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article imageOp-Ed: Serious questions remain about Russian guilt in Skripal attack

By Ken Hanly     Mar 31, 2018 in World
British PM Theresa May insists that there are no other plausible explanations of the poisoning of Sergei Skripal and his daughter Yulia Skripal than that Russia was guilty of the crime. However, the evidence has never proved this.
There are quite compelling reasons why the present narrative accepted not only by the UK but by the US and many western countries is not even plausible. Many questions remain about the official narrative such as it is.
Some of the most obvious reasons for thinking that the Russians did not do this are typically not even raised in most mainstream reports. I shall treat two of these.
Why would Russia use a poison that could be traced to them?
The official narrative is that the poison used was a "Novichok" of a type that was developed only in Russia during the Soviet era. If this is correct, why would Russia use this nerve agent when it could obviously be traced back to them and used as a means of establishing their guilt as has been done? The Russians apparently are not only evil they are incredibly stupid. They could have easily used some other general poison or other methods of killing them that could not be traced back to Russia. Instead they chose a method that was sure to lead investigators to suspect it was done by them.
No one even seems to bring up the issue of the daughter being poisoned as well as Sergei. She was just visiting her father apparently. Did she have anything to do with her father's activity? Why was she poisoned too?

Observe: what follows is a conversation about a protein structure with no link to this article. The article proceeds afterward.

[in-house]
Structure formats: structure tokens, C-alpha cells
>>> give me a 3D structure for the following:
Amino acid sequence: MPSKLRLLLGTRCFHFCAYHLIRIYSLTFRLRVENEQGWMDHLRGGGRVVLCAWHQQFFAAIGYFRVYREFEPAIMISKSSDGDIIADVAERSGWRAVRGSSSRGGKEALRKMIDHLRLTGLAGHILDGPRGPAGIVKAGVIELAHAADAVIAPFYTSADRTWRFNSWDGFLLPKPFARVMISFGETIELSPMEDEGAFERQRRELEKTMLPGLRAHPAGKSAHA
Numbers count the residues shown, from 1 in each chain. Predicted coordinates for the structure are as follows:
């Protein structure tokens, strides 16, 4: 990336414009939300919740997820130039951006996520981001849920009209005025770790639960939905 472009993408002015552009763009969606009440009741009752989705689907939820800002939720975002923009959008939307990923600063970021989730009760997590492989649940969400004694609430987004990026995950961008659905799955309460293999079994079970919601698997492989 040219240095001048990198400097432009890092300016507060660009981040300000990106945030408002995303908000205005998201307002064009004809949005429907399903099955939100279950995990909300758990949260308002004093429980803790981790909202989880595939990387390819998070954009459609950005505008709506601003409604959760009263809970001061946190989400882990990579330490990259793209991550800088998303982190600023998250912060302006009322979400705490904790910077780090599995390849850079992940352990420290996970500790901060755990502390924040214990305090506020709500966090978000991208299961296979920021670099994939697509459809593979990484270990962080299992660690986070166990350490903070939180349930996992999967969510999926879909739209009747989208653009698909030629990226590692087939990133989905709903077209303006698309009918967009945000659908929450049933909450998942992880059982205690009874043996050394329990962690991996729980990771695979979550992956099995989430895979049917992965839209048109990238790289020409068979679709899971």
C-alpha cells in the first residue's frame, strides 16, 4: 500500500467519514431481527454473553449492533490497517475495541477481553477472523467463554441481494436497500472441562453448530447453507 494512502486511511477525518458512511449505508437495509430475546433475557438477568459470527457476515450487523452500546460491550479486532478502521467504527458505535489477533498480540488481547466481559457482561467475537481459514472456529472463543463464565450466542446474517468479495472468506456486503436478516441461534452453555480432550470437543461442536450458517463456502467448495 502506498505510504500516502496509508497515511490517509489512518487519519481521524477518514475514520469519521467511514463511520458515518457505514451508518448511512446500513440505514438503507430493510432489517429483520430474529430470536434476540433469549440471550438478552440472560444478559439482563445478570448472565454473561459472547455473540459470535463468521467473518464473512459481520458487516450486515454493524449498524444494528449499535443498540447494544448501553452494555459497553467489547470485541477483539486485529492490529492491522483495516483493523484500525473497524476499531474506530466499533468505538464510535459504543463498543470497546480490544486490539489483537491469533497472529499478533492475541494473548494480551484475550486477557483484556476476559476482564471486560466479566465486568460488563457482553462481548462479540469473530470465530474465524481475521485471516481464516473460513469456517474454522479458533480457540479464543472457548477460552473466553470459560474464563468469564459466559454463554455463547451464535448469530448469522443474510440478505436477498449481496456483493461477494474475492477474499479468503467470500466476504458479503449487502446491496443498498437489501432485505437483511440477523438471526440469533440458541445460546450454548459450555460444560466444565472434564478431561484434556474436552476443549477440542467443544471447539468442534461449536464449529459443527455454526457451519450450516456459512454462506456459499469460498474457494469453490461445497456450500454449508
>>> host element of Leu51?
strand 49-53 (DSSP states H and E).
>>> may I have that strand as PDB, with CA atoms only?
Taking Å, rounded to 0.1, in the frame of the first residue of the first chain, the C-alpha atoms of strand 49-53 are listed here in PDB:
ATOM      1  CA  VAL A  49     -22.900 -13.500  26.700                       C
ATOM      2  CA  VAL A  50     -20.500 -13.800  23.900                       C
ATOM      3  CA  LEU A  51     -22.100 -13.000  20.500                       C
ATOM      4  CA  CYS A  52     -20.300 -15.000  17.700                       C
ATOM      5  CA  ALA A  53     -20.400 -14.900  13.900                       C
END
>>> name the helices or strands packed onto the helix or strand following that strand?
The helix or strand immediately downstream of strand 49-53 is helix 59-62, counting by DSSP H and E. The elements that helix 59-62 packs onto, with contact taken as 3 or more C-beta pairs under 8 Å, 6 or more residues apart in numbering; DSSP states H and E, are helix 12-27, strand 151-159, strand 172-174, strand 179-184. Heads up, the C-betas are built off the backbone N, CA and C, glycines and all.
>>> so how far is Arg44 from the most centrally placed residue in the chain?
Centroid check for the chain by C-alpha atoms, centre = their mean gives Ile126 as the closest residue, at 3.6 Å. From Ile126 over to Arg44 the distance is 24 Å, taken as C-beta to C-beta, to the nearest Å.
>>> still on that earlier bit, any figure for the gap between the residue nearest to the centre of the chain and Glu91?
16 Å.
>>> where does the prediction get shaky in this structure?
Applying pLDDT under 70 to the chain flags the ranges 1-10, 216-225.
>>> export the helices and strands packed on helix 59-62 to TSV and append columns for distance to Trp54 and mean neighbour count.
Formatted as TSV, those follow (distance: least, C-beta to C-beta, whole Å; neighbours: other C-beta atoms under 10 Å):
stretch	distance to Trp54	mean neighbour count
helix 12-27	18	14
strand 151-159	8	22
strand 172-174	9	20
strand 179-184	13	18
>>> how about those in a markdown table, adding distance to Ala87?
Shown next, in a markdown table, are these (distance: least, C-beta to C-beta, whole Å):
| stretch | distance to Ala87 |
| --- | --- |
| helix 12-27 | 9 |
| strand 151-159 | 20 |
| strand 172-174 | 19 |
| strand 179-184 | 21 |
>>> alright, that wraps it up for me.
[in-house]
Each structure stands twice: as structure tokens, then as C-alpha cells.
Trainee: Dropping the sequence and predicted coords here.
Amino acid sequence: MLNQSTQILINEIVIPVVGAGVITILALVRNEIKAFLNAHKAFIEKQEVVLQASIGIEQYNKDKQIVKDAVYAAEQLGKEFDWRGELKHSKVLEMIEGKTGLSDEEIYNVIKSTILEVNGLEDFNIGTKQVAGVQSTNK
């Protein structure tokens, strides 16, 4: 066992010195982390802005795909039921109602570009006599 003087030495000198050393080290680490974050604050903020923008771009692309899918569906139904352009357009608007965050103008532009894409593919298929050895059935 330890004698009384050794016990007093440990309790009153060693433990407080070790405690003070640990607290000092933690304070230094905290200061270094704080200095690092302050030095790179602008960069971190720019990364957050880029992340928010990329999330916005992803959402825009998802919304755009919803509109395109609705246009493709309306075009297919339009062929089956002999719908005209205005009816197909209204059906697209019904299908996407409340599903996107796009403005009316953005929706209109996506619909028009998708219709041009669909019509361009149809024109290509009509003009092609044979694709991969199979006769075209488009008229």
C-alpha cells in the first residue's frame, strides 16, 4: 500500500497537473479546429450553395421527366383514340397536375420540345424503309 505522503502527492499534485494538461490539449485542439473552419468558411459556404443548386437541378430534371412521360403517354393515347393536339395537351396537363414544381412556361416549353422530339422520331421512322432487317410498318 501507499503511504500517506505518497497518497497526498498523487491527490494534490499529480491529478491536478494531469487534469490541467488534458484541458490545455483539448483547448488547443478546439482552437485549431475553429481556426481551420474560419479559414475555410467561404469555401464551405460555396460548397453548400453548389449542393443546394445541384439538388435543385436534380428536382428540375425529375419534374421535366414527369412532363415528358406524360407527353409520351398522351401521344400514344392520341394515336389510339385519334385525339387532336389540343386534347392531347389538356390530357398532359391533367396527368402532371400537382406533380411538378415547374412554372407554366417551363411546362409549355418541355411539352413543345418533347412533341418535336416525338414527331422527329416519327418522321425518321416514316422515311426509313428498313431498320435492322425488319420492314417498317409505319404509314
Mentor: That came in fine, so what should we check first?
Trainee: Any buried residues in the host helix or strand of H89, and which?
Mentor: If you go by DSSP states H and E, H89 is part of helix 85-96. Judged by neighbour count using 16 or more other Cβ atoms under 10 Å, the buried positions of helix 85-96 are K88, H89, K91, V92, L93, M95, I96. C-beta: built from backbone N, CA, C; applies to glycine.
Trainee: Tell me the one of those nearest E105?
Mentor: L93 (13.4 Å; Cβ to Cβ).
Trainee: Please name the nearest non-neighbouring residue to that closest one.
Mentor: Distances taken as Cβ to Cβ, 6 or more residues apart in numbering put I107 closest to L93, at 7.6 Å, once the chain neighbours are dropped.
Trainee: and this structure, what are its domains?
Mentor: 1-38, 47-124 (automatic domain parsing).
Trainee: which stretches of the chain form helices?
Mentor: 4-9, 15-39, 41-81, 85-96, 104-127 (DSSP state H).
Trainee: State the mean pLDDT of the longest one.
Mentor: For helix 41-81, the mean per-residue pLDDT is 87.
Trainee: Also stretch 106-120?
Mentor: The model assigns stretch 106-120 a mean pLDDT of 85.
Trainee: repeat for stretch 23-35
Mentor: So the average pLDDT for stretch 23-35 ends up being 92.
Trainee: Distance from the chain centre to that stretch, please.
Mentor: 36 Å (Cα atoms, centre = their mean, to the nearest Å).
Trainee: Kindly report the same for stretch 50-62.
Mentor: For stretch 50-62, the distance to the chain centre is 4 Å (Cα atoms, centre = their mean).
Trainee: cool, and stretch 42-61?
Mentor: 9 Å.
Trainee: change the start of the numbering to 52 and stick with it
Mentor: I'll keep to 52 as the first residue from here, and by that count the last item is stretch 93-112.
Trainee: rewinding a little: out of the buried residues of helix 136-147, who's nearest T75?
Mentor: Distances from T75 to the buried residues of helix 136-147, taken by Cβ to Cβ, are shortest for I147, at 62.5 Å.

Yulia is now conscious and is talking. Yet there is no report of anyone questioning her about what happened or of anything she may have said about the incident. Why is this? Her testimony is surely crucial. One would think that investigators would have talked to her immediately upon her being able to talk.
Rules for swapping prisoners
Sergei was released from a Russian jail in a spy exchange some time ago. A crucial understanding making such swaps possible is that neither side will take any actions against those swapped after the exchange. Why would Russia violate this rule and make it more difficult if not impossible to arrange future swaps? Again the mainstream press usually does not even bring this issue up.
Is it really plausible that Russia would use a chemical agent that could show their probable involvement in the poisoning when they could have used means that would not do so. Is it plausible that the Russians would carry out an assassination that would lead them to be unable to arrange future spy swaps? According to May and many others this must be so.
Unanswered problematic questions
There are numerous questions that demand answers. While most mainstream media have simply left the whole issue of proving Russian guilt and gone on to other issues such as the tit-for-tat expulsion of diplomats, zerohedge does just recently list thirty different questions which it claims demand answers. Some of them are actually already answered such as the condition of Sergei and Julia but others remain problematic.
Where did the couple contact the agent?